Behind a narrow foyer, created of a modern wooden glass wall,  a rectangular vestibule is spread towards the depth of the house having a ceiling segmented into depressed shallow strips, mutually separated by whitewashed iron girders. Modern angular lights secure the illumination of the space. Both the longitudinal walls of the vestibule are articulated by relief pilasters with foots and moulded  capitals. The walls are segmented by door openings, unified into a creamily white tone in the entire building ( or into colourful harmony of bright ochre and darker brown), inserted in moulded  doorframes. A cloakroom counter and mural coat racks are placed on the right side. There is a access of several steps to a staircase to the balcony on the left side in the rear part of the vestibule – a narrow and steeply ascending corridor with wooden stairs. There are another two oblong entrances located in the rear of the vestibule behind a projecting four stair access, behind it short staircases, bended to the sides, lead visitors  into the ground floor of the theatre hall. Two door leaf fillings of the entrances are formed in a convex shape, the flats of the doors are divided into rectangular or square fields from the outer side, the flats above the doors are ornamented by embossed decorating in the inner side of the hall – by carving of shells and vegetal festoons.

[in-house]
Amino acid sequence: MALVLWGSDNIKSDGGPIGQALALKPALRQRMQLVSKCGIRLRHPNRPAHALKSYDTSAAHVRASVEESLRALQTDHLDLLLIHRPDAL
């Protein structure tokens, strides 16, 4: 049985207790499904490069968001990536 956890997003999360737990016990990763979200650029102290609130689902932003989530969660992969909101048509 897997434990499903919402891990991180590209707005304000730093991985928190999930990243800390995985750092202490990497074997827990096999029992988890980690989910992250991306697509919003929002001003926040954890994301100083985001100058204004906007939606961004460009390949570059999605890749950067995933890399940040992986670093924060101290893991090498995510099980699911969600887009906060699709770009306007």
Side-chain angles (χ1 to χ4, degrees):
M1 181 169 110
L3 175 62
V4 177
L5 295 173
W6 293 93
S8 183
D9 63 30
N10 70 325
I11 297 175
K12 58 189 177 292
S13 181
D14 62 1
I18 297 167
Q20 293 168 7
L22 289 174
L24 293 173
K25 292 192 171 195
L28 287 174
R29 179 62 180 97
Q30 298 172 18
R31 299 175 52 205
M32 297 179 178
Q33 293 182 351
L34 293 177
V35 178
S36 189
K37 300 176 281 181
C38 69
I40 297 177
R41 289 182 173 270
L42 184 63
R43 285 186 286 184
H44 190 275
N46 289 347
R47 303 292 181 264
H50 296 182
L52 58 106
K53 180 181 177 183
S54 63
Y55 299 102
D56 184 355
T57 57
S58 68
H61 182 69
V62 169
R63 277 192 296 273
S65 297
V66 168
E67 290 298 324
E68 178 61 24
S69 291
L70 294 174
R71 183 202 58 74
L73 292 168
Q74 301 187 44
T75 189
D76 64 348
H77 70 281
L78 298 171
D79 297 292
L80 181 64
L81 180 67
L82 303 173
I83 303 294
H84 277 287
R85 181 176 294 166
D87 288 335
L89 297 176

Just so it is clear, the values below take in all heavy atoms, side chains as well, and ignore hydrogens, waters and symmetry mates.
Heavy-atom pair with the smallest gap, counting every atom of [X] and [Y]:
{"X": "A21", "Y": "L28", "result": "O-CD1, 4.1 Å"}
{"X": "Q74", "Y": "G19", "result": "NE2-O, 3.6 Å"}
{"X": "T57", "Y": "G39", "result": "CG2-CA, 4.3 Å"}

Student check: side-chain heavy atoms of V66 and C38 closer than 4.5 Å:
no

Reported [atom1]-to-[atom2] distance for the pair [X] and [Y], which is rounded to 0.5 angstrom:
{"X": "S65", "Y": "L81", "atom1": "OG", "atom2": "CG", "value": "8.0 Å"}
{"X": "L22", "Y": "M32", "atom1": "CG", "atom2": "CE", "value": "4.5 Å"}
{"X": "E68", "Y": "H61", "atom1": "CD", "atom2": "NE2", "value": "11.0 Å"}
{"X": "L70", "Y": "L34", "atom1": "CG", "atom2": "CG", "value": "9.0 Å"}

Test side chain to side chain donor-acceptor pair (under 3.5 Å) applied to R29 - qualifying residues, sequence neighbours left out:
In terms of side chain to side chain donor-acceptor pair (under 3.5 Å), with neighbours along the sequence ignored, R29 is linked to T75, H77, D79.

The oblong hall has a moderately ascending parquet floor, on which 16 rows of sets are distributed. The entire circumference of the hall is trimmed in the level of the first floor (up to the sides of the proscenium, moderately shaped in an arch) by a balcony with a timber forefront, formed in a convex shape, supported in the ground floor by a set of cast-iron columns with polygonal bases, fluted shafts and capitals with stylized leaf decoration. Another set of columns grows out of the floor of the balcony in the same plan and supports segmental base of the ceiling, richly decorated by stucco ornamentation. By the forestage, the parapet of the balcony runs into two hermas, executed in stucco. The layout of the balcony is recessed  in a concave direction in the rear part of the auditorium, its soffit is divided into profiled rectangular frames along the sides of the stalls. The balcony parapet is ornamented by shallow relief frames, a vase like forms and mostly blind  cartouches. The balcony has four rows of seats, graded in height, in the rear part, the seats are dispersed on the side galleries. A gilded relief of a harp is executed in the axis of the auditorium. Stucco decoration of the ceiling above the auditorium grows out of a pattern of rectangular frames with receded corners and embossed rims, complemented by fragile tendrils ornaments, cartouches and four oval painted medallions (male portrait busts) in the corners. A glass chandelier is hanged in the centre of the ceiling, the rest of lightning is secured by two leaf lamps being historicising in their shape, fixed onto wall of the stalls below the balcony soffit. The proscenium arch has an oblong shape with rounded lines in the upper corners; its  sides are embellished by  lengthwise stucco medallions and vegetal motifs. The city crest (a white swan with a golden star on a blue background) is depicted in a richly moulded cartouche in a gilded laurel-wreath in the axis above the proscenium arch.